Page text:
The collection is divided into nine series.
Series 1: Scrapbooks, 1853-2003, undated
Series 2: State Material, 1922-2008, undated
Series 3: Publications, 1924-2006, undated
Series 4: C.E. Ward, 3rd Corps, 1933-2001, undated
Series 5: Photographs, 1929-2008, undated
Series 6: General Ephemera, 1915-2006, undated
Series 7: Bidwell Addendum, 1933-1987, undated
Series 8: Bires Addendum, 1934-1985, undated
Series 9: Audiovisual Materials, 1933-2009, undated
Biographical / Historical:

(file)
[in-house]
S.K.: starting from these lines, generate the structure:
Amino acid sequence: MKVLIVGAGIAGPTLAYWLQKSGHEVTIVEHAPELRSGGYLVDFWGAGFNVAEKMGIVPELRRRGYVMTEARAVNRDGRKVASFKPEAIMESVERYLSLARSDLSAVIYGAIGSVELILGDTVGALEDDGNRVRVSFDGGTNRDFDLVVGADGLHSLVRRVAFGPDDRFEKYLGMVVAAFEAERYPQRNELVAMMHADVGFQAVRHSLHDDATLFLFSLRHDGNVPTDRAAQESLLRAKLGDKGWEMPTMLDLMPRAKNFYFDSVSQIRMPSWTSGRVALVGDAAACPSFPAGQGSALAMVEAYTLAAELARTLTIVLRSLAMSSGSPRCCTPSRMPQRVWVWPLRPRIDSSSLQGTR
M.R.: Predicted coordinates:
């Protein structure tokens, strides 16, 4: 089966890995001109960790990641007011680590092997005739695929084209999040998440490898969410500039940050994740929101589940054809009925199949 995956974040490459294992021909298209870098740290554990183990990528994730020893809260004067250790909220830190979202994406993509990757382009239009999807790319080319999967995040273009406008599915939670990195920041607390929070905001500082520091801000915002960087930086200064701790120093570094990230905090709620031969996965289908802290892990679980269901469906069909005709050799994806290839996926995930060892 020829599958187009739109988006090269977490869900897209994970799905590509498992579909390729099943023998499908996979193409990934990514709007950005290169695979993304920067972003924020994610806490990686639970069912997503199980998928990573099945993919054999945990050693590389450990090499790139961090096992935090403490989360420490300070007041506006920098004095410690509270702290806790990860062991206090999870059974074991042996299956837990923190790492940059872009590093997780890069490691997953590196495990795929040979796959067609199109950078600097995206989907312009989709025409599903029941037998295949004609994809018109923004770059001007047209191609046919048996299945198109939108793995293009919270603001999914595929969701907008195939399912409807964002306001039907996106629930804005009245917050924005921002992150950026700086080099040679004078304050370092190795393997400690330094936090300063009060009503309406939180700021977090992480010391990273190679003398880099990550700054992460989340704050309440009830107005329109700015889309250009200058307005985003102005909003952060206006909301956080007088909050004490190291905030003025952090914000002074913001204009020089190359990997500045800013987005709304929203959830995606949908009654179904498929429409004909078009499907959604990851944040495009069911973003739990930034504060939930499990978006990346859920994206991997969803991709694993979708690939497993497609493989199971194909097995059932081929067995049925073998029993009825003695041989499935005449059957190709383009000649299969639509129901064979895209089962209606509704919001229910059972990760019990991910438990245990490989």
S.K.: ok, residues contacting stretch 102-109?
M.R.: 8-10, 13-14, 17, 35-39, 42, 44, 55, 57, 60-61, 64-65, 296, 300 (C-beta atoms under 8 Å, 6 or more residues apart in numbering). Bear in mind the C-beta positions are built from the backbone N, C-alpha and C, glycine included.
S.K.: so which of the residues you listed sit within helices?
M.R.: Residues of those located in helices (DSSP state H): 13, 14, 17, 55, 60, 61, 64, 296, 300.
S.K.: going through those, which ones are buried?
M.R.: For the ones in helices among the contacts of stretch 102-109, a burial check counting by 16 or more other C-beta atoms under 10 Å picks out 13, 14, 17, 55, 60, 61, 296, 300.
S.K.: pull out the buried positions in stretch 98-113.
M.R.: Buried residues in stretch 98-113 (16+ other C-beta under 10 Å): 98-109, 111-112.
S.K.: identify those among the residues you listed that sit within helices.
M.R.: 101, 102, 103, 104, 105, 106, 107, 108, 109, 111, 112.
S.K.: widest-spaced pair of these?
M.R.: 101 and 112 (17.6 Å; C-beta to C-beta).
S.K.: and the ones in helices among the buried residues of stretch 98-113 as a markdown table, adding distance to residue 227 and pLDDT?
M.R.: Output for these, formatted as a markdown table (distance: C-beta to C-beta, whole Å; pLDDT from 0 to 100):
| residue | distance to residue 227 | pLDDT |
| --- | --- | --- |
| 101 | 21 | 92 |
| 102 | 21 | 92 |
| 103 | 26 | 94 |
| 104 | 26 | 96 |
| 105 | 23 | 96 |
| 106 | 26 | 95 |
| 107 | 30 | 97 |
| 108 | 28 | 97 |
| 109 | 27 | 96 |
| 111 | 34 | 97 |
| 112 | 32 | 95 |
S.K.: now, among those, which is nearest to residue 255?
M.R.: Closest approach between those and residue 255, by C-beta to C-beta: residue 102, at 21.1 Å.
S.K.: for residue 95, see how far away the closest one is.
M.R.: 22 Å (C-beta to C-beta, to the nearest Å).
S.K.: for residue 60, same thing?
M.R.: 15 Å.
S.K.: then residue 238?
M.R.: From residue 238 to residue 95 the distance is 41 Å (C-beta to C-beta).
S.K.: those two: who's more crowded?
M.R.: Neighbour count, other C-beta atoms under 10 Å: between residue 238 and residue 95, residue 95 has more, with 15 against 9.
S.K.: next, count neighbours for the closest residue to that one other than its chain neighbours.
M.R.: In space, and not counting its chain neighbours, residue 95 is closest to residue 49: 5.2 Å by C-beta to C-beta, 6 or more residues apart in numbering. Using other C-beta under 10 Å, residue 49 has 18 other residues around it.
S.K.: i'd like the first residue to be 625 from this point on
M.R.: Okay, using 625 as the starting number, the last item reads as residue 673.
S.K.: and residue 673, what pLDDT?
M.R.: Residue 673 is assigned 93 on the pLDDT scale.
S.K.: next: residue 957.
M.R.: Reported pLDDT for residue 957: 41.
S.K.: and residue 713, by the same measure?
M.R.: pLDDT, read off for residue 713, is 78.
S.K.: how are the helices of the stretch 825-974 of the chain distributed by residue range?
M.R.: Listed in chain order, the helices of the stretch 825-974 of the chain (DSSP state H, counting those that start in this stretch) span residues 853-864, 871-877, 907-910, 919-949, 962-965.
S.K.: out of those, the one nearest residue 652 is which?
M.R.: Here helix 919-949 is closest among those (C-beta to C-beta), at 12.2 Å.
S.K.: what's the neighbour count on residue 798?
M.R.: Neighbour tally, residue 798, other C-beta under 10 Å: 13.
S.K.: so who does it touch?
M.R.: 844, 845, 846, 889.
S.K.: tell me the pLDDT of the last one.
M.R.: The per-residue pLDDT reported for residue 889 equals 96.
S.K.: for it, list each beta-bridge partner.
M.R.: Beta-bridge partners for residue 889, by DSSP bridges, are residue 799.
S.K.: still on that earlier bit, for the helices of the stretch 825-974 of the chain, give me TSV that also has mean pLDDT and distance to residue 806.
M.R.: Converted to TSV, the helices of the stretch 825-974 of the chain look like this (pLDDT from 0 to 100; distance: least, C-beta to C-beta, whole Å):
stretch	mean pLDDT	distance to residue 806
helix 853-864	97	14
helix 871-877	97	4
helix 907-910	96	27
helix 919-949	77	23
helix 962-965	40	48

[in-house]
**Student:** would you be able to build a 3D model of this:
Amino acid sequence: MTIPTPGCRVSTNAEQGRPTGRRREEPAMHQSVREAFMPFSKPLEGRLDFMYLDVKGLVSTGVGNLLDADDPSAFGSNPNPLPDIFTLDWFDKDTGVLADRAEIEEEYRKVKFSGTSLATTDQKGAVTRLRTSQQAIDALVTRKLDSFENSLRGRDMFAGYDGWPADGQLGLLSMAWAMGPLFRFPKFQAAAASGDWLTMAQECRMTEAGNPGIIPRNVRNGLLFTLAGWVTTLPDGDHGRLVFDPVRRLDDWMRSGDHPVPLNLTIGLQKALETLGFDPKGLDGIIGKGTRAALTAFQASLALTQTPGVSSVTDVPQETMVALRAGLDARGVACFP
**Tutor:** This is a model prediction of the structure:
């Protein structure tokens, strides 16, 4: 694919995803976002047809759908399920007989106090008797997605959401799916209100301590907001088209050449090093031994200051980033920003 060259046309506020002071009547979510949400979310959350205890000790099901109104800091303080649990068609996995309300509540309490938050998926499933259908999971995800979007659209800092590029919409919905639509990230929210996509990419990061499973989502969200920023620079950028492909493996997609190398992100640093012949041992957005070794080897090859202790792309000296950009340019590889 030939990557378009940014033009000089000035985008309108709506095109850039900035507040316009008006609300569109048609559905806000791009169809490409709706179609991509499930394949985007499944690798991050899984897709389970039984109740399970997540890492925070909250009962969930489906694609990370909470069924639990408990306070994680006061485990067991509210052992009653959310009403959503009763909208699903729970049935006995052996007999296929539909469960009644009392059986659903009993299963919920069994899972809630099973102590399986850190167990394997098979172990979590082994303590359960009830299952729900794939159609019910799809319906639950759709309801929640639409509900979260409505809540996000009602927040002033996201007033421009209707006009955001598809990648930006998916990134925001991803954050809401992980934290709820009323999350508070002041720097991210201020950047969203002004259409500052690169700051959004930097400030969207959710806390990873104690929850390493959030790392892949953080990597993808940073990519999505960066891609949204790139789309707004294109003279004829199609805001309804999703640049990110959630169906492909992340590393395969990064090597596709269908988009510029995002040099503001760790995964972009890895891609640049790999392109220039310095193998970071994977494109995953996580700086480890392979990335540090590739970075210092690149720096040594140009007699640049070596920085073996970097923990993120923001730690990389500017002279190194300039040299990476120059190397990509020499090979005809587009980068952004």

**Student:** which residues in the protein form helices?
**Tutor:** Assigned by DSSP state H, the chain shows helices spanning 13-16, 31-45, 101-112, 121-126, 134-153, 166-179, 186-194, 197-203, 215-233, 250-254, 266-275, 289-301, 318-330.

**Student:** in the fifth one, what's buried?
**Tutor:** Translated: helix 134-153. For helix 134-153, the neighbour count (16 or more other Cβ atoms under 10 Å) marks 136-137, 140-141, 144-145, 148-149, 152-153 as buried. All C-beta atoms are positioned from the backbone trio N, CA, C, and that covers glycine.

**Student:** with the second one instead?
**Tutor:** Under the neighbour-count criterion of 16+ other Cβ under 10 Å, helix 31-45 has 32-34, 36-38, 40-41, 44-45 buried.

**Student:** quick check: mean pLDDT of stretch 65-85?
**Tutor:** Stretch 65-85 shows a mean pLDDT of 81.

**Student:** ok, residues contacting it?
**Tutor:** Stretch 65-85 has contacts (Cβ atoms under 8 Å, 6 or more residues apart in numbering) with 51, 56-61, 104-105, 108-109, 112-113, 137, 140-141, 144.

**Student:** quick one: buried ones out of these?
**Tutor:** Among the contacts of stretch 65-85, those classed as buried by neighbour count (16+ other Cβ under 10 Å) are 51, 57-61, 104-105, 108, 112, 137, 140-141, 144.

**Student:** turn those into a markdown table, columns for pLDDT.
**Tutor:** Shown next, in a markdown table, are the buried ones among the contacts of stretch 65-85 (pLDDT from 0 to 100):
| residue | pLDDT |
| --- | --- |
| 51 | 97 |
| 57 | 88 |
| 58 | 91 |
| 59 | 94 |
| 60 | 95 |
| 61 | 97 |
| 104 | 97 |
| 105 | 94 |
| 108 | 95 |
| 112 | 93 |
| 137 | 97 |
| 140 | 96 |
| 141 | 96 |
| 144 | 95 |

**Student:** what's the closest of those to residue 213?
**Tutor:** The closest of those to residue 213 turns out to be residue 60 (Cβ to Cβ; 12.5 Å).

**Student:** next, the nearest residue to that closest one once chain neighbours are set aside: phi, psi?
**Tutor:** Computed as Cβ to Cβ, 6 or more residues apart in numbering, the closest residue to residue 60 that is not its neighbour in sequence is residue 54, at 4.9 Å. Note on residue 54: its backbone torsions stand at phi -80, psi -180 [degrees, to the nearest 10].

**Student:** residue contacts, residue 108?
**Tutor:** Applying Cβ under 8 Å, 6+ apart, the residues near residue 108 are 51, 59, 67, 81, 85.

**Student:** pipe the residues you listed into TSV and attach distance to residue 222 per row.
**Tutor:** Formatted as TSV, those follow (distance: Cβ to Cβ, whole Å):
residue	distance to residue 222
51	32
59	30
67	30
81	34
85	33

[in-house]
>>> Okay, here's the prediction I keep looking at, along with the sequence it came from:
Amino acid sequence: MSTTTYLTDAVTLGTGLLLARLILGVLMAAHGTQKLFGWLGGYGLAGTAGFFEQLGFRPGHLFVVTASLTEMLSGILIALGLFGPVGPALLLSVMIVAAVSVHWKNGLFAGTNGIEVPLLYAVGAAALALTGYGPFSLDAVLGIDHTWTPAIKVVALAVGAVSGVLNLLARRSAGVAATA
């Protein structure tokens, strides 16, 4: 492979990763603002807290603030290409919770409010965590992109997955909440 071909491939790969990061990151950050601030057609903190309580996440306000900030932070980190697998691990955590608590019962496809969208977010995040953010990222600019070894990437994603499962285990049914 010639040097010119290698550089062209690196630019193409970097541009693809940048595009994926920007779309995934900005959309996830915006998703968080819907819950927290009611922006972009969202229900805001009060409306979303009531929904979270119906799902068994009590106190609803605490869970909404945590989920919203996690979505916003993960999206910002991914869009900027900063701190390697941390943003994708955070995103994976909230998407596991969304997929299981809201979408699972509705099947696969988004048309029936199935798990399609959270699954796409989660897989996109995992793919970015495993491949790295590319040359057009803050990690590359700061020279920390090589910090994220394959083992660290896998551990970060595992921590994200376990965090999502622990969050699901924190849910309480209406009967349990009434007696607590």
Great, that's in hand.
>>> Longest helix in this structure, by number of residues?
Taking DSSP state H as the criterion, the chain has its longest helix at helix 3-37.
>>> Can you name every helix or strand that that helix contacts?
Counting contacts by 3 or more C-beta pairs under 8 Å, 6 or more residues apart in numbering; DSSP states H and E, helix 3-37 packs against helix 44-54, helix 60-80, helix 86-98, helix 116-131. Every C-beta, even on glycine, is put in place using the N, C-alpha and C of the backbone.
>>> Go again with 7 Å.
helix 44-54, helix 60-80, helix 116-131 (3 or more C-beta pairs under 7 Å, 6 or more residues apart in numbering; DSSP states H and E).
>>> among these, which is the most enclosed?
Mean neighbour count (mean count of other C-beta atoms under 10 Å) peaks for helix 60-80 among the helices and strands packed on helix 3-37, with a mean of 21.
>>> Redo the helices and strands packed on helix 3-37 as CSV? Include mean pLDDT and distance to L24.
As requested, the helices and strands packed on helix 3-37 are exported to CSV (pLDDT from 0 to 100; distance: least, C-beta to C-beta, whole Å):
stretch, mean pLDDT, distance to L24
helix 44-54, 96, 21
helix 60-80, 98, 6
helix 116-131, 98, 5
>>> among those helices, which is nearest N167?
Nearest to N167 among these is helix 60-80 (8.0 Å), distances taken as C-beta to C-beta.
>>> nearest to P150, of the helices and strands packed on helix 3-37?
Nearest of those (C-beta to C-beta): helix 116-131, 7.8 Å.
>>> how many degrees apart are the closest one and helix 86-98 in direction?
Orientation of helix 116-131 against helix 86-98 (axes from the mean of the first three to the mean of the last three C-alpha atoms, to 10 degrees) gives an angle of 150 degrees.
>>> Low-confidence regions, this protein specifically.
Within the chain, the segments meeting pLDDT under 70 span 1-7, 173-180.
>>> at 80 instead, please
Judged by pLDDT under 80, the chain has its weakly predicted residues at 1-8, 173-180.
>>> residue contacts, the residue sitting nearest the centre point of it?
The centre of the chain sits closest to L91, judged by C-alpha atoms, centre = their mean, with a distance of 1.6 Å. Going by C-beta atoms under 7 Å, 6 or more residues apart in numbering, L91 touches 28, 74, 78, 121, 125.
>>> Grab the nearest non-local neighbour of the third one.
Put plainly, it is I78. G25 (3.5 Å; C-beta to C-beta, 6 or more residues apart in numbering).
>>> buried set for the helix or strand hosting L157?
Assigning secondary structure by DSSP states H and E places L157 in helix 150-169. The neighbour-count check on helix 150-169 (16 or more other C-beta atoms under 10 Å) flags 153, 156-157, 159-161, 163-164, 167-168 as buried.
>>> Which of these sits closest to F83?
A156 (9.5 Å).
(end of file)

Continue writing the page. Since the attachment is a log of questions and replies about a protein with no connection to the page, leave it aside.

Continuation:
The Civilian Conservation Corps (CCC) was a New Deal era program, created in 1933 to reduce unemployment, a direct result of the Great Depression. The CCC provided national conservation work across the United States for young, unmarried men. Veterans could be enrolled in the CCC after verification of their service by the Veteran's Administration. Veterans were exempt from the age and marriage restriction. Projects included planting trees, bulding flood barriers, combatting forest fires, maintaining forest roads and trails, and building recreational facilities in the National Park system and a host of other projects. There were separate CCC programs for Native Americans of recognized tribes and African Americans. In 1942, with the waning of the Great Depression and America's entry into World War II in December 1941, resources devoted to the CCC (men and materials) were diverted to the war effort. Congress ceased funding for the CCC and liquidation of the CCC was included in the Labor-Federal Security Appropriation Act (56 Stat. 569) on July 2, 1942, and for the most part completed by June 30, 1943. Appropriations for the liquidation of the CCC continued through April 20, 1948.